DMZ or not

Posted on 2006-11-30
Last Modified: 2010-03-18
Alright experts,

here is the problem

I've got one static IP Address, one server running linux (YAY!), an old machine that could always serve and a firewall (a real firewall machine)....

So I have on the linux server, the users of the network who access their home folders (through Samba), on the same server, runs an FTP server (vsftpd), so that the users from their home can still access their files on the server.

So knowing the security threat of FTP, I took some precautions security wise (so no worries at that level)... For the moment, my firewall "host" the public IP address and just does a port redirection to the server (for example port 21). So till then everything is fine...

my next step is to add a mail server.... so my option is I could still add another port forwarding on the firewall to the server... but then I am more wondering if I should not set up a DMZ.

My problem is that if I decide to set up a DMZ, i therefore need to have a second server, which will be in a DMZ and synchronize with the users of the internal linux server... this server in the DMZ can therefore be a mail server... however since the whole purpose of the FTP is to allowed users to access their home folder on the linux server, i might then run into a problem with setting a DMZ... or only if it is possible to still do port forwarding on the firewall even do, having a DMZ?

Also the question I had, when you set a DMZ, does it mean that ALL PORTS ARE OPENED ON THAT DMZ MACHINE... like know on my firewall with my present settings, only port 21 is opened...

thx for ideas and clarifications
Question by:debiannerd
  • 2

Accepted Solution

n664dc earned 250 total points
ID: 18050059
First you might want to look into opening up port 20 for the FTP server. (depending on how you have it configured):
The Security Problems section is worth reading.

A DMZ is unnecessary in this situation... you should be able to just forward the proper ports for the mail server (usually 25,110 +- depending on how you do it).  This should be more secure, and take less configuration.

Author Comment

ID: 18050131
So you mean...

would it be better to have another machine running the mail server so that if this one is hacked, then the server that holds the user's data is somewhat still secure...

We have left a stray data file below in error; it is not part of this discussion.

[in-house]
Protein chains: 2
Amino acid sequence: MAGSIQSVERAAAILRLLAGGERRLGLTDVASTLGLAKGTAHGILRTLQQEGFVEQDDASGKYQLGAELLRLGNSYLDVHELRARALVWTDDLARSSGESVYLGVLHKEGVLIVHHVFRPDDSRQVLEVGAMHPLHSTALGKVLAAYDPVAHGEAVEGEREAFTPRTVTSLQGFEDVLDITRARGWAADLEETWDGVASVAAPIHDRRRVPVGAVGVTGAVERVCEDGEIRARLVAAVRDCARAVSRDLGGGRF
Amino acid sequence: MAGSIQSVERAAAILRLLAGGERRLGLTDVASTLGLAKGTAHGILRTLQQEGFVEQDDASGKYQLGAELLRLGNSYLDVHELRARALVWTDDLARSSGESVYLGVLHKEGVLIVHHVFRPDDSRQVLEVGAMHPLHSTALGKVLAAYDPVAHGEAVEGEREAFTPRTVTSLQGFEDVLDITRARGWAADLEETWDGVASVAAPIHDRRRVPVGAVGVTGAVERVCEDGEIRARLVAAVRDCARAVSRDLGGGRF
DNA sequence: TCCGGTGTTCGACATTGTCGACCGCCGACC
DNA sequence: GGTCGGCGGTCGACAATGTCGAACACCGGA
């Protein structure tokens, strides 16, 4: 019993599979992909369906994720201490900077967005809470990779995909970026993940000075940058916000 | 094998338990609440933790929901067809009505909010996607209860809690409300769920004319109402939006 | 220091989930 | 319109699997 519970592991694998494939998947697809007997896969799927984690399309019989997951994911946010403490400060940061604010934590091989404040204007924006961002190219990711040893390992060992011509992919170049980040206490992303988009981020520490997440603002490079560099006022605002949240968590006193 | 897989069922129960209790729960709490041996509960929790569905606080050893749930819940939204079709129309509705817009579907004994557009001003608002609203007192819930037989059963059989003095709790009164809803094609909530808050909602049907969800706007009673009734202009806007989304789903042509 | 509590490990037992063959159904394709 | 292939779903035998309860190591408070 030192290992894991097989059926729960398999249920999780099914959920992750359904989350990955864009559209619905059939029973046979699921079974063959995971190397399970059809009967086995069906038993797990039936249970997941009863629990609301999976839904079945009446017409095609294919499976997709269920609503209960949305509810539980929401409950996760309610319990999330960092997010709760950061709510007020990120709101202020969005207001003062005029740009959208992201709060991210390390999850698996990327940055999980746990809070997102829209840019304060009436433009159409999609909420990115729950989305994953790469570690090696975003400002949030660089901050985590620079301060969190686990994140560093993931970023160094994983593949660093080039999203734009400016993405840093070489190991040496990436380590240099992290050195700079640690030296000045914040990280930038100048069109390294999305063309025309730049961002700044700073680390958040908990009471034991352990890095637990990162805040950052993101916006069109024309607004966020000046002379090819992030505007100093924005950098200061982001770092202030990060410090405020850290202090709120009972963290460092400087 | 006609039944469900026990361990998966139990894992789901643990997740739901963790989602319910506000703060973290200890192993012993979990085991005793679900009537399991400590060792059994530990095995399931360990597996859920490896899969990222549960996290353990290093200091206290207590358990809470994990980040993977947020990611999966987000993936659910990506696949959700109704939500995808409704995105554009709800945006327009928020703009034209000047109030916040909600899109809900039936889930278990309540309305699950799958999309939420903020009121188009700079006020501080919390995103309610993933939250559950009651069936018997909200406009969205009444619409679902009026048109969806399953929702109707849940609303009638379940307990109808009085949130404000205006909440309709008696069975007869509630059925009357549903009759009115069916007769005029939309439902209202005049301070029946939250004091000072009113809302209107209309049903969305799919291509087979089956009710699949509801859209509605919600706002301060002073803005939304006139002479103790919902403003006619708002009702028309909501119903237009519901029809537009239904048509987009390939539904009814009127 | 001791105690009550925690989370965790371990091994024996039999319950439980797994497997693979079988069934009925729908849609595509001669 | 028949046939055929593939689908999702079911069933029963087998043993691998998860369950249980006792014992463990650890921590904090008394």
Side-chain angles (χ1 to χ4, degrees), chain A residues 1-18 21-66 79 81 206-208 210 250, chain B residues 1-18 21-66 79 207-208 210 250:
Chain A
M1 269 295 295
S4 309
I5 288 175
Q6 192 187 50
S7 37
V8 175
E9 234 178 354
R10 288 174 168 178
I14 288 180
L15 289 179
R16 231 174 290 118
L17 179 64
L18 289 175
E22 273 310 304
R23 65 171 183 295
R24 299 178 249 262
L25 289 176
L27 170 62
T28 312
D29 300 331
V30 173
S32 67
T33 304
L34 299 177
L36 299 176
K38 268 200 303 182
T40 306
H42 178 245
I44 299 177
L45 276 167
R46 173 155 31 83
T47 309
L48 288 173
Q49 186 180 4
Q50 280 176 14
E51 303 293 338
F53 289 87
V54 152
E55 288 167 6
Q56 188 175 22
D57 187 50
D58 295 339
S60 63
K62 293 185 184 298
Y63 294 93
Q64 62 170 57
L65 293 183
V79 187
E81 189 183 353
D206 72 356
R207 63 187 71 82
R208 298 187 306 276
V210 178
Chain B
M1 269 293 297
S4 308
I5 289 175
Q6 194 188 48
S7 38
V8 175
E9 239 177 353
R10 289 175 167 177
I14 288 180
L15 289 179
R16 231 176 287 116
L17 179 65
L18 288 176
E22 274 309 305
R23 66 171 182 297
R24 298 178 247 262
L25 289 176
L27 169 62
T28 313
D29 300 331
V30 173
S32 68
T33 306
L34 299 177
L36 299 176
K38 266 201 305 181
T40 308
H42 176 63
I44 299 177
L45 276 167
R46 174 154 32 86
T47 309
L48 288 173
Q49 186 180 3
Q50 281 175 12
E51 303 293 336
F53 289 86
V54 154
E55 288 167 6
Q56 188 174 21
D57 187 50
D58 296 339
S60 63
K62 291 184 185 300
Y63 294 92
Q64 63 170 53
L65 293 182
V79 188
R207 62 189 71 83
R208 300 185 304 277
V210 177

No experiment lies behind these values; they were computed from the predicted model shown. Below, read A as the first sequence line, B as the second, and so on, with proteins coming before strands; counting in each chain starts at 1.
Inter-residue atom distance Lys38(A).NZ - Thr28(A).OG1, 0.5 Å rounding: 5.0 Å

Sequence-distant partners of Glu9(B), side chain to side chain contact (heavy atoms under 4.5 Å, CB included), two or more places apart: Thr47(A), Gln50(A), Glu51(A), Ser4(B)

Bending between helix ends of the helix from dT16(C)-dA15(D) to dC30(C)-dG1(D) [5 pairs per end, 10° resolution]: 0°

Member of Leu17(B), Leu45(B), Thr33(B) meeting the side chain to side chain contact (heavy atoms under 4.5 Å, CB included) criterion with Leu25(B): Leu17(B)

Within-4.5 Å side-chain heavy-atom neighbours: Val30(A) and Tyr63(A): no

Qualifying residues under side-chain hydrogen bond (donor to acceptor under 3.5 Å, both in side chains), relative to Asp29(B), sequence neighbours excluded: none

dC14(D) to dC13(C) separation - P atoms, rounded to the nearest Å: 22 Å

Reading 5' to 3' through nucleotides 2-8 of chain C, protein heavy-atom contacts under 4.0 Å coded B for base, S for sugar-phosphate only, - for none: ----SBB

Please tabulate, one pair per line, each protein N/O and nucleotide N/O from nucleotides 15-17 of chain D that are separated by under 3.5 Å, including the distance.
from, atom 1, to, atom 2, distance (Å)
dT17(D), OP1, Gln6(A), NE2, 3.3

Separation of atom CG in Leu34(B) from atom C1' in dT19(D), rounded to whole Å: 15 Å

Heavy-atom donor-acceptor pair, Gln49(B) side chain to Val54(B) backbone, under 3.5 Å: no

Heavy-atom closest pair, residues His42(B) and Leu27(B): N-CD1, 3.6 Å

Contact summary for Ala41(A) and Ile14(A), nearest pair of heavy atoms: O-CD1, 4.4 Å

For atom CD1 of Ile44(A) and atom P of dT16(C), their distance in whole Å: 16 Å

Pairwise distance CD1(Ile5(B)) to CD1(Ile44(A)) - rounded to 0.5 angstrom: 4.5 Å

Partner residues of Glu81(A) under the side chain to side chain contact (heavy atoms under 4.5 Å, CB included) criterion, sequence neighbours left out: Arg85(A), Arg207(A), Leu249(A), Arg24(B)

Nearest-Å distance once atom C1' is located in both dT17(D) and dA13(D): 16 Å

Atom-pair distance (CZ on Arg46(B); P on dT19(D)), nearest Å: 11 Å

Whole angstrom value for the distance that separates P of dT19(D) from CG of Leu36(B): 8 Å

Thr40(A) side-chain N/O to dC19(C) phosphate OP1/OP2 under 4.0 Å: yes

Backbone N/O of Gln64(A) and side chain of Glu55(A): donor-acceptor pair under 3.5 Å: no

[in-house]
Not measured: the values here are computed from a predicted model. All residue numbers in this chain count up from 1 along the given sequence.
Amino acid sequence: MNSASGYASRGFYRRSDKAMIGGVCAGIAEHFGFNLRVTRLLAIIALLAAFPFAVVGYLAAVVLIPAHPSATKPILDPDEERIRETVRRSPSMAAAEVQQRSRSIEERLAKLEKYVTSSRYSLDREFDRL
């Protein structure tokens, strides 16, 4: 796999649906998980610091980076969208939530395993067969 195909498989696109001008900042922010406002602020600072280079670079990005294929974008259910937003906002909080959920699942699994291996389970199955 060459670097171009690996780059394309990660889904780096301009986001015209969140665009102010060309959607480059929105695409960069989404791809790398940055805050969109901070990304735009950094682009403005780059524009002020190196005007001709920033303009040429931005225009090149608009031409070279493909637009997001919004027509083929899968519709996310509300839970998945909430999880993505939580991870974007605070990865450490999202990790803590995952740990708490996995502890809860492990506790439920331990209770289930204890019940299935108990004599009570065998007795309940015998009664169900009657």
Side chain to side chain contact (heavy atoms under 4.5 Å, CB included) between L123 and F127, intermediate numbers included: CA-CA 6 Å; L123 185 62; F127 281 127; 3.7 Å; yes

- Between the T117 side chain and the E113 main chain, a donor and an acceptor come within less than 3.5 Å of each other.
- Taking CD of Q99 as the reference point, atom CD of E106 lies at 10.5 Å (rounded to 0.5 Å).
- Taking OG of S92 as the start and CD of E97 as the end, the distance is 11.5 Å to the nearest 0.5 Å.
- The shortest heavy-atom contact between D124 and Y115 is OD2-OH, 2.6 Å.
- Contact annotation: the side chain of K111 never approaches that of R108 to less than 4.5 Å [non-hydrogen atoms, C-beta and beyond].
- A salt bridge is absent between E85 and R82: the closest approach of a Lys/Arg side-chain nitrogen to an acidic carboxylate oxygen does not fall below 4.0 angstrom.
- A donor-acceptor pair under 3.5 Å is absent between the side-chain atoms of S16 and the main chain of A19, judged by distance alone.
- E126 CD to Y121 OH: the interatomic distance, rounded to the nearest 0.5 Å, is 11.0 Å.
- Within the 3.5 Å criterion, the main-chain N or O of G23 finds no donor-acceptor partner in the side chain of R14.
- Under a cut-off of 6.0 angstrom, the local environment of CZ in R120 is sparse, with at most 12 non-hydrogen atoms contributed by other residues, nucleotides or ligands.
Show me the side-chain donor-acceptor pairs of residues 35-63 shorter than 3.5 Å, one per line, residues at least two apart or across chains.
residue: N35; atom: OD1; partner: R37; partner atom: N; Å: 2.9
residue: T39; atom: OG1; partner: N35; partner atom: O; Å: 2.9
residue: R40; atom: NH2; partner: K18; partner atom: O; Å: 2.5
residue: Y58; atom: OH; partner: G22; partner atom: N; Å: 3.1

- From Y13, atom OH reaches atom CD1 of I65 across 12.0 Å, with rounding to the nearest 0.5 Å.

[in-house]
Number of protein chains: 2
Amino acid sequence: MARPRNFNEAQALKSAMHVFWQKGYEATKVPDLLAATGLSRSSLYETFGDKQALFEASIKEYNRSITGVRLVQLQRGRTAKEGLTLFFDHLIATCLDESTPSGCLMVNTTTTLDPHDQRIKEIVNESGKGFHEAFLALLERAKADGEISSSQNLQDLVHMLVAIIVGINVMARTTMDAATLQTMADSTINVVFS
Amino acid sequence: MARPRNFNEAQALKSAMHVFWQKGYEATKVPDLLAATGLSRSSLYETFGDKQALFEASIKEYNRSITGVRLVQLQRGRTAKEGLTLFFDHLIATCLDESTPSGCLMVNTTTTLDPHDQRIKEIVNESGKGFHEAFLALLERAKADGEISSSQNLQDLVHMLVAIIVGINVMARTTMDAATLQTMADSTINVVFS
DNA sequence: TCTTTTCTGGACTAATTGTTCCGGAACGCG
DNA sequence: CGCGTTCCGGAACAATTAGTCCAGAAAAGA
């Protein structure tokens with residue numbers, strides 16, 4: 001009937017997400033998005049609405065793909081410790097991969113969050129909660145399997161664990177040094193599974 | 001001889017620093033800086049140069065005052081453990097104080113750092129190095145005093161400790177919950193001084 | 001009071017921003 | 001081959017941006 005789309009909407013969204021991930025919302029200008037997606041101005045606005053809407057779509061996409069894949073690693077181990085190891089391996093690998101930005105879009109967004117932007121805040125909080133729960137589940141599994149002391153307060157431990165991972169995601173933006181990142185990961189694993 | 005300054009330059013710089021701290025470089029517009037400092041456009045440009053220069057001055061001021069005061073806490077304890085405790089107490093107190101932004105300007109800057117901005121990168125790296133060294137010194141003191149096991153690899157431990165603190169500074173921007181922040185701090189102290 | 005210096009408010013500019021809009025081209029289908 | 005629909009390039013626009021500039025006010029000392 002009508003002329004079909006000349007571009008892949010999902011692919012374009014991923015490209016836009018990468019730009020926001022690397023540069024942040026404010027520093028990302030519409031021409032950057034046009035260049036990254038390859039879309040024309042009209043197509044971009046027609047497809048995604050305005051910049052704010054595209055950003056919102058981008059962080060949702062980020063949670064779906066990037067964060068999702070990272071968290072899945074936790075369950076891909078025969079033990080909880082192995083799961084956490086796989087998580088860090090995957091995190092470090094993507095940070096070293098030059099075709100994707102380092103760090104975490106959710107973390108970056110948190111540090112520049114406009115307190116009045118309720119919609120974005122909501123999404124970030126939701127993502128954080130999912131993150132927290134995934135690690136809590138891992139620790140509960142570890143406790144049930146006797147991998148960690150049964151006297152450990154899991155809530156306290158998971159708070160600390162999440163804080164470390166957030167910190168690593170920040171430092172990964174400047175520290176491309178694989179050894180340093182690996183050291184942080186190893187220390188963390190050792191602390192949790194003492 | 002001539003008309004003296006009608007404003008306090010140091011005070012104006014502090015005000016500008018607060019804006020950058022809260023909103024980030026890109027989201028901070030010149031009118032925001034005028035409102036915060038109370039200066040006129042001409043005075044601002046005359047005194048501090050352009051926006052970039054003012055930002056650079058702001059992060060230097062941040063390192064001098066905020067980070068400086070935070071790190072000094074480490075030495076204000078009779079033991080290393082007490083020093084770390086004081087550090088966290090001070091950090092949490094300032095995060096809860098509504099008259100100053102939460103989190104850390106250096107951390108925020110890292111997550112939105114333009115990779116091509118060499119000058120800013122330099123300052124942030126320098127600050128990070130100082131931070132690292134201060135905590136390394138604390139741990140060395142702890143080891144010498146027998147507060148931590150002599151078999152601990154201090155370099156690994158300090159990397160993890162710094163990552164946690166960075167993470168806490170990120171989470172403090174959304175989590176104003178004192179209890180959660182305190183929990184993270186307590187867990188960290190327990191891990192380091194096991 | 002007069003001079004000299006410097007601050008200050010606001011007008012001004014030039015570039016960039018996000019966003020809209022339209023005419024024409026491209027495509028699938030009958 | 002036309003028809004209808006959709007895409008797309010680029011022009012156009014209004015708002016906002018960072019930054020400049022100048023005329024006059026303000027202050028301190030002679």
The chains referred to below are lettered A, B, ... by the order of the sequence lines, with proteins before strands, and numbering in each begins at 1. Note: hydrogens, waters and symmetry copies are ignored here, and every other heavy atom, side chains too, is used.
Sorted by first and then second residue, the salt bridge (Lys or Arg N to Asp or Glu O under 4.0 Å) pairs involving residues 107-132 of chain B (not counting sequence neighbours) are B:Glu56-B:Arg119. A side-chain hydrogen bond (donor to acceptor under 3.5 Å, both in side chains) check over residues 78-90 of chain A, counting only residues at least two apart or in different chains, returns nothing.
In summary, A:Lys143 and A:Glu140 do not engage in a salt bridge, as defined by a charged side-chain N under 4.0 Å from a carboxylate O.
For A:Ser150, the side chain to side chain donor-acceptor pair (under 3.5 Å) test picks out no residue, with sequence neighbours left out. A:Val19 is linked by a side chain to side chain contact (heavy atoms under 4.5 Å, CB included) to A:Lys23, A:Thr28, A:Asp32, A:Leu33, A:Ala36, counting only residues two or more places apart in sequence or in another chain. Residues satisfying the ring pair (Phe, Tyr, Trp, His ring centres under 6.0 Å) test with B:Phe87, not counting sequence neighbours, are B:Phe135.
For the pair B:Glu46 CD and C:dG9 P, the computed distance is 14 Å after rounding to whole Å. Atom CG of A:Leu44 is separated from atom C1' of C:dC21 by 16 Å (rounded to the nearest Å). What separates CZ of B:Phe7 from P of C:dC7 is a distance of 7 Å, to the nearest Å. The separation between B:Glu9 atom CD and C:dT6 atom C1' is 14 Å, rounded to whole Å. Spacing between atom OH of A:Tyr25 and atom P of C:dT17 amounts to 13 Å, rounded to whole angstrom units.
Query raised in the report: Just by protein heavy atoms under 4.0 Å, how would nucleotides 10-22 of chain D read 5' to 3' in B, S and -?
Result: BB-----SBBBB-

or I can still run the mail server on the same server and yet have a network storage backup of the user's files and emails; I can still put a small firewall in between that server and the rest of the lan... so that no connection from the server to the lan will be allowed!

please let me know what do you think?

Expert Comment

ID: 18050655
This can be accomplished with one machine. Just setup the mail server on the same linux box and accept connections on the proper ports.

However being the way I am, I'd hook up your spare box to the Internet and set it up as a dedicated firewall.

I would run the mail server on the same box as the ftp/samba server as neither require a *huge amount of resources. You can then set up a simple iptables firewall on the gateway to drop incoming connections except to ports 21,(20,25,110 etc...) which would be forwarded to your ftp/samba/mail server (as well as preforming NAT).

If you're still worried about connections from the LAN, you could run another firewall on the ftp/mail/samba server locking things down from those on the inside.

In summary, an incoming connection from the Internet would have to pass through 2 firewalls to connect. First on the WAN interface of the gateway which is then forwarded to the ftp/samba/mail server. Then through the firewall local to the ftp/mail server. Connections originating from your LAN would need only to pass 1.

This doesn't exactly offer more security but it does make things a bit more scalable.

Given that you have a (valid)concern for security, it would be a good idea to look into encrypted authentication for an ftp session.

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